Today, companies use gamification in HR to develop a workplace culture where employees feel motivated. It strengthens human drivers like purpose, autonomy, mastery, relatedness and achievement, making the workplace fun and work enjoyable.
What is gamification?
Gamification meaning – Gamification is creating an incentivised work culture using competitive game principles. It deals with human psychology to win and be the best. In the process, employees learn to work hard, develop new skills and see improvements.
You can use gamification in HR for – recruitment, training, collaboration, onboarding, learning and development.
1. Gamification in recruitment
Gamification is becoming widely popular in recruitment. Most common practices include video game contests or an app-based aptitude game with candidates competing against each other. The game is designed to assess the skills required for the role.
The candidates are assessed on how they approach moving ahead in the game. It also evaluates their problem-solving skills and gives them scores. It helps recruiters streamline their assessment process. Thus, significantly reducing the hiring time.
2. Gamification in training
Unlike traditional training with a defined set of learning processes, companies use gamification principles to cultivate interest in employees to self-learning faster and better. When employees race against each other, they have the autonomy to pick their own best methods to reach the final stage, thus learning the process on their own.
3. Gamification in collaboration
Accenture uses gamification in HR to achieve its team collaboration objectives. Similarly, many other companies use platforms to track their employee engagement activities. For example, employees share content on micro-blogging sites and share knowledge in other forms to earn rewards.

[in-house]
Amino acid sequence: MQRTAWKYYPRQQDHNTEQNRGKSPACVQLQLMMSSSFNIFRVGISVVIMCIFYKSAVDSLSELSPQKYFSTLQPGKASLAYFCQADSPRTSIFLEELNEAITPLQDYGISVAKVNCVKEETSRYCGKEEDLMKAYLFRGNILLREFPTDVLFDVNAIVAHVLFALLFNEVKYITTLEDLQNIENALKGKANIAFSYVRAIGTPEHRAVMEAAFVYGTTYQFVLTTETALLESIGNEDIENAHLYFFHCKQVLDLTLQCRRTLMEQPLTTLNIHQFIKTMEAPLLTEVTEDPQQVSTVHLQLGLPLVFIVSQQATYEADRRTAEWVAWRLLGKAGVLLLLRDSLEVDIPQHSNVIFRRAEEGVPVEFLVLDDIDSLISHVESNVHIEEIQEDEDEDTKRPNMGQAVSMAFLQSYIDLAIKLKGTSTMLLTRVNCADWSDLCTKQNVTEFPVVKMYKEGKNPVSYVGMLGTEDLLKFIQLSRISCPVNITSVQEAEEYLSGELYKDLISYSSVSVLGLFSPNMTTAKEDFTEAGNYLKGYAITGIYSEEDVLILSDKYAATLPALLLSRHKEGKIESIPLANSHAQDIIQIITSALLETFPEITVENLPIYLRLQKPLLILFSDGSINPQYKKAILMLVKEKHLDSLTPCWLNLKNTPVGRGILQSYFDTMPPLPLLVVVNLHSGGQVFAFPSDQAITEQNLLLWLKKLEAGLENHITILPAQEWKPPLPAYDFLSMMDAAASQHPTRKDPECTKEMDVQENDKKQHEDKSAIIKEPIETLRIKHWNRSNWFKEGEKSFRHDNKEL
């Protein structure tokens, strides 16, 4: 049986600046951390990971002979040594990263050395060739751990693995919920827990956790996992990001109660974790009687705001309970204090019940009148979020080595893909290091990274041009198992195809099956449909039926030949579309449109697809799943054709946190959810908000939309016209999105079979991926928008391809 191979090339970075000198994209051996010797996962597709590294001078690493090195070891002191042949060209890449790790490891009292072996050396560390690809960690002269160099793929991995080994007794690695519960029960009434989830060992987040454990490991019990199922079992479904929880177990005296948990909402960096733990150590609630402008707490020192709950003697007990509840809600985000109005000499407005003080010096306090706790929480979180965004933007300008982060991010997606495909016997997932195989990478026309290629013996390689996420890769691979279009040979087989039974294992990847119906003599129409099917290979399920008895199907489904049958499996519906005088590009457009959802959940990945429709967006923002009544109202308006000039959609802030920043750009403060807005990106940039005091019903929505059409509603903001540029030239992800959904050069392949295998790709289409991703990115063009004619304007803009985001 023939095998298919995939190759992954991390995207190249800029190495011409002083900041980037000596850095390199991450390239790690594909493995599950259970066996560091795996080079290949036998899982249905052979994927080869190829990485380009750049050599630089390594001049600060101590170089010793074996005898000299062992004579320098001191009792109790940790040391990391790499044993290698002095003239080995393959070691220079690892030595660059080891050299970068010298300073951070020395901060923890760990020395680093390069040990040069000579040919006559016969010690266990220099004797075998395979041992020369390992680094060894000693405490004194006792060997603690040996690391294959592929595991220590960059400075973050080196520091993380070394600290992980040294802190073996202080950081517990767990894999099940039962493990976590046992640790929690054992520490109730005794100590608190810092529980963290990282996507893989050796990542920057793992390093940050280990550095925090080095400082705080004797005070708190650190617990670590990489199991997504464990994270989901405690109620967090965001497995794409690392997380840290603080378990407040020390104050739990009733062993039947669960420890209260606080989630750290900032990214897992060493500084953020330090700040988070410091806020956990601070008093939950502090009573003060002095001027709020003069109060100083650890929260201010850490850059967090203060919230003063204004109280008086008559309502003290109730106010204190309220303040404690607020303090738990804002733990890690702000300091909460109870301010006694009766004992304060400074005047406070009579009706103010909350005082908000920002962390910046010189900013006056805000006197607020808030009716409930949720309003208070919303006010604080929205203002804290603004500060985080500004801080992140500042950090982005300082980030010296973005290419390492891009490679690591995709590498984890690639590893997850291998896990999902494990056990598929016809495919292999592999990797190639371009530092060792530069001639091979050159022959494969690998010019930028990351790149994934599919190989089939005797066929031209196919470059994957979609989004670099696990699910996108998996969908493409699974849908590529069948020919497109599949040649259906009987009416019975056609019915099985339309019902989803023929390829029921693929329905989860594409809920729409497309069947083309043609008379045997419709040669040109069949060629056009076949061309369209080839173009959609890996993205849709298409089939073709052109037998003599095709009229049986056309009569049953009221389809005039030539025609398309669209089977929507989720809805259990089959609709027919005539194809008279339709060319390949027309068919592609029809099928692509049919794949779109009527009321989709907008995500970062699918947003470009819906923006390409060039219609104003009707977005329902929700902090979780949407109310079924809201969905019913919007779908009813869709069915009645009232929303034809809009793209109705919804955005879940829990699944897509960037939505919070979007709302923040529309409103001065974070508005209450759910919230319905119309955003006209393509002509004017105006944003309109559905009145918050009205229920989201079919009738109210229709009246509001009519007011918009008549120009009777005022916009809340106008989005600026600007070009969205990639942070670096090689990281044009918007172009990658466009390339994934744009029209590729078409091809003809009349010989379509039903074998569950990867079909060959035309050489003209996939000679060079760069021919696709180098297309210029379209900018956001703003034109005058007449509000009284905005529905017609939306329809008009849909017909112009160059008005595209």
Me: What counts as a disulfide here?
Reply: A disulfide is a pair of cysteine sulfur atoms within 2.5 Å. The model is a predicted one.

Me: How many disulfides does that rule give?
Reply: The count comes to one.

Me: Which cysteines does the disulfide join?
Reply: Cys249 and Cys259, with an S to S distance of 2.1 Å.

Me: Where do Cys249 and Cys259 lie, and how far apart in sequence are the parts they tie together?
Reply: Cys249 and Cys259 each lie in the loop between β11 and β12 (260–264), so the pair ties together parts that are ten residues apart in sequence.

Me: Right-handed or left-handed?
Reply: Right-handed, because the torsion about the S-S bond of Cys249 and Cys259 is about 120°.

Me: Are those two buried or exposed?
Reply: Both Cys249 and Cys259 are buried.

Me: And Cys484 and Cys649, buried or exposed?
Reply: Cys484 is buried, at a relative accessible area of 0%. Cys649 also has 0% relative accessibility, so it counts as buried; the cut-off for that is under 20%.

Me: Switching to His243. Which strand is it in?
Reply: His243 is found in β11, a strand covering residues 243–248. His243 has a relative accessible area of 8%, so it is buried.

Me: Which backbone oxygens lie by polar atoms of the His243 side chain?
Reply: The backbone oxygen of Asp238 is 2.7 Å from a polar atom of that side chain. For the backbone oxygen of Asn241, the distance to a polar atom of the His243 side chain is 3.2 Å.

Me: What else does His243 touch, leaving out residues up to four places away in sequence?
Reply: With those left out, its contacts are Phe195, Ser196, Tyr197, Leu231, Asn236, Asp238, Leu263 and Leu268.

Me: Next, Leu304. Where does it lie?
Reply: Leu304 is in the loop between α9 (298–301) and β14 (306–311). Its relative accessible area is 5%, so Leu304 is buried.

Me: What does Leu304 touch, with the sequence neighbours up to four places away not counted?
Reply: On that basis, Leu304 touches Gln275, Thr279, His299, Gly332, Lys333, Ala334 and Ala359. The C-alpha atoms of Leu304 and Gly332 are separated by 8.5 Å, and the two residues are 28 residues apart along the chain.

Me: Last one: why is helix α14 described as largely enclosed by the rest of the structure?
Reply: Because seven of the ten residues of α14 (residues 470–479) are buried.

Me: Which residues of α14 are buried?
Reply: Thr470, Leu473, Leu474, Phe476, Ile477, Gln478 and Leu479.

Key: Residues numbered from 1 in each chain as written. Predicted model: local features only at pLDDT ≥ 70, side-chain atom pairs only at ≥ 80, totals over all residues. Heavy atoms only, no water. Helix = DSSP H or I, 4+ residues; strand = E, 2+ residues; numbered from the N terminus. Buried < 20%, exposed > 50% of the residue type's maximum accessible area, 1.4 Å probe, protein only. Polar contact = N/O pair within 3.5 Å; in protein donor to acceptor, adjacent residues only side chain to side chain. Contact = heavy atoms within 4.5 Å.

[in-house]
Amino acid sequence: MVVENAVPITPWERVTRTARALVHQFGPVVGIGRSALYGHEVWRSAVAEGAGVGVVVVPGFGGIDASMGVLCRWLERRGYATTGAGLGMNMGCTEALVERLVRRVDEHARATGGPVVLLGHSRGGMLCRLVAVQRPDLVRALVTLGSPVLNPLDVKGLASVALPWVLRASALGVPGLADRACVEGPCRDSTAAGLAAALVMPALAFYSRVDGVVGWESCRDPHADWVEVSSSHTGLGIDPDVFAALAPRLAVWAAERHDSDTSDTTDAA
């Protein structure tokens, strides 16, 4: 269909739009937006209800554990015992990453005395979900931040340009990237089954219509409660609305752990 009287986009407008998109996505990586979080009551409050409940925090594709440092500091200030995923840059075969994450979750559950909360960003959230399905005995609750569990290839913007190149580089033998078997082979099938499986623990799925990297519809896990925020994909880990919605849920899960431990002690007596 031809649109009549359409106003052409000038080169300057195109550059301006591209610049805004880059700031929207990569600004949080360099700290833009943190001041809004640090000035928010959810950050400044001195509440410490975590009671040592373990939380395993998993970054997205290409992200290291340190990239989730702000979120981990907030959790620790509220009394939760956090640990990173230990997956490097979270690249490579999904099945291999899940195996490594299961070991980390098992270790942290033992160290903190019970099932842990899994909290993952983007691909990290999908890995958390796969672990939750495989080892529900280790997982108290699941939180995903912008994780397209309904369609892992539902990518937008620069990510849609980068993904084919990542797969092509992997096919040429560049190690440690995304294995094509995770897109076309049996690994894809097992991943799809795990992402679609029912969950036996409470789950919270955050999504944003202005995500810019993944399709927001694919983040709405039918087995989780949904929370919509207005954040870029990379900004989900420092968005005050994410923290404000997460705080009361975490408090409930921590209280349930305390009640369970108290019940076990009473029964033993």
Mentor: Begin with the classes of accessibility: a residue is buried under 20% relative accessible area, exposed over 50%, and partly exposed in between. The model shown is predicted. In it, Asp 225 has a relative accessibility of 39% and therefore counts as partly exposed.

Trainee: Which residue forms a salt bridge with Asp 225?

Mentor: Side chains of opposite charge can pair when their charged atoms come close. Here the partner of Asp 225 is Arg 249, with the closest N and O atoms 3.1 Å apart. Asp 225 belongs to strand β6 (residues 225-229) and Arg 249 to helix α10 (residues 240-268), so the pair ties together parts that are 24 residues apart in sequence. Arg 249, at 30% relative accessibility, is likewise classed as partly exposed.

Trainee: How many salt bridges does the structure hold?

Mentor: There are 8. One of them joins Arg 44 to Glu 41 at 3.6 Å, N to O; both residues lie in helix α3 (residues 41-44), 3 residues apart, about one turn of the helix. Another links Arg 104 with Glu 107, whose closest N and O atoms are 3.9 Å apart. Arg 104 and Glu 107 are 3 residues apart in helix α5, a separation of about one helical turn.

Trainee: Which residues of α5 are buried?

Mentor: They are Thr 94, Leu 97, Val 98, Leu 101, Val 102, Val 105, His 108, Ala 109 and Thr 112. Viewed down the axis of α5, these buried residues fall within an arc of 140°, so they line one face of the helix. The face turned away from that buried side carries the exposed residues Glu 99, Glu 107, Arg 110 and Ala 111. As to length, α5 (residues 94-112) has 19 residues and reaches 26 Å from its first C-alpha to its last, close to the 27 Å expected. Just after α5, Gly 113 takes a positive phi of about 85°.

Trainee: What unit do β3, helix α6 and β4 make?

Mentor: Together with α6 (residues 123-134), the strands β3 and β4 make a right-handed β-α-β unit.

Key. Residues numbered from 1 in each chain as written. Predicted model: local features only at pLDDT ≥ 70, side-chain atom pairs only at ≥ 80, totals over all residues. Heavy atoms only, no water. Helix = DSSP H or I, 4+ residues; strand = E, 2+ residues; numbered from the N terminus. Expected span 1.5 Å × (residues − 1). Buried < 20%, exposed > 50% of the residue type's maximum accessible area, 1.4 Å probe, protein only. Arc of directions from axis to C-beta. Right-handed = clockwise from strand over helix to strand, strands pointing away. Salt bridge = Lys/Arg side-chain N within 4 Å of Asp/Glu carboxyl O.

Accenture employees earn reward points for publishing reusable documents. It thus encourages knowledge-sharing behaviour and promotes employee engagement. It gives their employees a sense of motivation and elevates their interest towards work.
4. Gamification in onboarding
Companies gamify their onboarding process. New joiners can learn about the company’s policy online, take an office tour, and interact with employees on the virtual platform to learn more about the company and its culture before visiting the office in person.
5. Gamification in learning and development
The HR department uses gamification principles in the learning and development of employees. It helps employees add new skills and push their boundaries to excel. For example, social media training for employees across departments like the recruitment and sales teams helps them achieve recruitment goals and sales targets.
Measuring progress through new skills and recognising the top performers with some form of bonus, cash, or non-monetary incentives encourage them to learn and add new skills in areas of their interest.
Gamification benefits organisations in many ways – from sales growth to team building and engagement. However, like any other strategy, gamification in human resources must be implemented and monitored. To improve results, customise game rules, mould the process, and reduce or raise the difficulty level.